Rechtsanwältin, Senior Associate
Out-Law Guide | 25 Aug 2021 | 1:50 pm | 2 min. read
In Ireland and elsewhere, renewables development has frequently drawn criticism for insufficient local and community-based sharing of revenues. Under the rules of Ireland’s first Renewable Electricity Support Scheme auction (RESS 1), successful bidders are obliged to set up and contribute to a community benefit fund.
The principal purpose of the fund is to provide funds for the benefit of the community in the area where RESS 1 projects are situated. Although the level of contribution is calculated at a fixed rate, bidders and participants of RESS need to be familiar with the complex practicalities and methodologies of complying with the community support obligations.
RESS is a support scheme aimed at incentivising and increasing the supply of power to Ireland’s electricity grid from renewable energy sources – the Irish government has set a target of delivering 70% of the country’s electricity needs from renewables by 2030.
The scheme is based on a Contract for Differences (CfD) structure and will operate through a series of competitive auctions, with each auction intended to evolve so as to fit with Ireland’s generation needs and facilitate competing or complimentary technologies.
The RESS 1 auction completed in July 2020 with 63 solar power projects and 19 onshore wind projects qualifying. The design of the next RESS auction, RESS 2, is under consultation until 20 August 2021. It is clear that community benefit will be a core thread in the successive RESS schemes.
Any renewable energy project funded under RESS must establish a community benefit fund. The fund should be operated by the developer of the project for the economic, environmental, social, and cultural well-being of the local community. The community fund benefit is a core element of RESS 1 and failure by a project to comply with these terms may result in its ‘letter of offer’ being withdrawn. Moreover, developers in receipt of a letter of offer from RESS 1 cannot put that same project forward to participate in the next RESS auction.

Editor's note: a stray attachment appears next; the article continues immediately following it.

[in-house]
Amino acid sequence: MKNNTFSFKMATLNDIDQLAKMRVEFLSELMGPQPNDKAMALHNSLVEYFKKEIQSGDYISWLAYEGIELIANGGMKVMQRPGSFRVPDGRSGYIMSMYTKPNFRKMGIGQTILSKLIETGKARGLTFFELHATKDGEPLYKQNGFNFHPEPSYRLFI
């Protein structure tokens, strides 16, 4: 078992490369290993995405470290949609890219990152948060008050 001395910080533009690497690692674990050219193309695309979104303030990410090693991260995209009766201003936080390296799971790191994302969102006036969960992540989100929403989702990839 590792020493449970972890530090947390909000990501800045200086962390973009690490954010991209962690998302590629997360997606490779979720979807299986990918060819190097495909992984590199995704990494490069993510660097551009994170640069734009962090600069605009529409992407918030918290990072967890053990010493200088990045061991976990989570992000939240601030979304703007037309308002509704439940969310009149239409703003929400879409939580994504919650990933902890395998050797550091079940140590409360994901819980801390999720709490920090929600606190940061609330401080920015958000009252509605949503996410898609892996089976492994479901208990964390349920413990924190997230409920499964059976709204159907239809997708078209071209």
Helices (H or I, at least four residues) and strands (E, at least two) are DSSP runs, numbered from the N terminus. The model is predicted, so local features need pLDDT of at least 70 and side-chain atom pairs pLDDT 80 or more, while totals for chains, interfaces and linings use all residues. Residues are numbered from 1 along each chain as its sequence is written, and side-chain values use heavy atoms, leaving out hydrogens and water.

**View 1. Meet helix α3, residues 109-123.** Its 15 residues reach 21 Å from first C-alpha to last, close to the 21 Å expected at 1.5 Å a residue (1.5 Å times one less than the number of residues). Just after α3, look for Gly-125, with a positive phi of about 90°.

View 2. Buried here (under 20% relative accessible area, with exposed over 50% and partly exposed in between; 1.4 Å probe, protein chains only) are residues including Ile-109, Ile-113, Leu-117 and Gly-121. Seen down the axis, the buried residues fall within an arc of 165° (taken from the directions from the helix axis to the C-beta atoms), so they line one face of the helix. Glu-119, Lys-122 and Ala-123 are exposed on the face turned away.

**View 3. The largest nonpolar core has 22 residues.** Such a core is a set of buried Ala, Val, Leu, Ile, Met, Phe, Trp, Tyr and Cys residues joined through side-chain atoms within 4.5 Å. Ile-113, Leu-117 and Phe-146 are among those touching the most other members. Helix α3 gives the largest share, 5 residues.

The contribution to the fund to be made by a qualifying project is set at a rate of €2 for every MWh of ‘loss-adjusted metered quantity’ produced.
Contributions to the fund begins when the project reaches commercial operation. The first payment of the annual amount due must be made by the first anniversary of the day operation began. However, payments can be made in advance of this date, with the balance to be paid on the anniversary. This timeline of payment continues throughout the period in which the project receives RESS support.
Both the RESS 1 and RESS 2 terms and conditions set out the basis on which the fund should be distributed and to whom. This includes a requirement that onshore wind farms are to make “near neighbour” payments of €1,000 to any house within one kilometre of the wind farm. Outside of this, at least 40% of the fund must be used for not-for-profit community enterprises. A maximum of 10% of the fund can be used to cover any administration costs associated with the fund. If there are residual funds after those payments are made, developers must also make payments to houses based within one and two kilometres of their site.
The developer is obliged to run a yearly application process for local initiatives to apply for a share of the funding. They must advertise this application process through newspapers, online ads and notices delivered to locals.
An annual report on the operation of the fund needs to be sent to the Sustainable Energy Authority of Ireland. This report must outline the main activities of the fund, the financial status of the fund, and the promotional activities carried out for the fund.
Some changes are anticipated to the terms and conditions for RESS 2. The government has suggested that the community benefit fund requirements be complemented by an aspect of citizen investment to RESS projects. RESS 2 is therefore expected to include details of how citizens and communities can get involved and invest in renewable energy projects in Ireland. Full details of what this might look like have not yet been published, but the Department of the Environment, Climate and Communications has said that a standalone consultation process will open in due course to allow stakeholders have their say on this matter.
Co-written by Shani Stallard and Bridin Redmond.
Rechtsanwältin, Senior Associate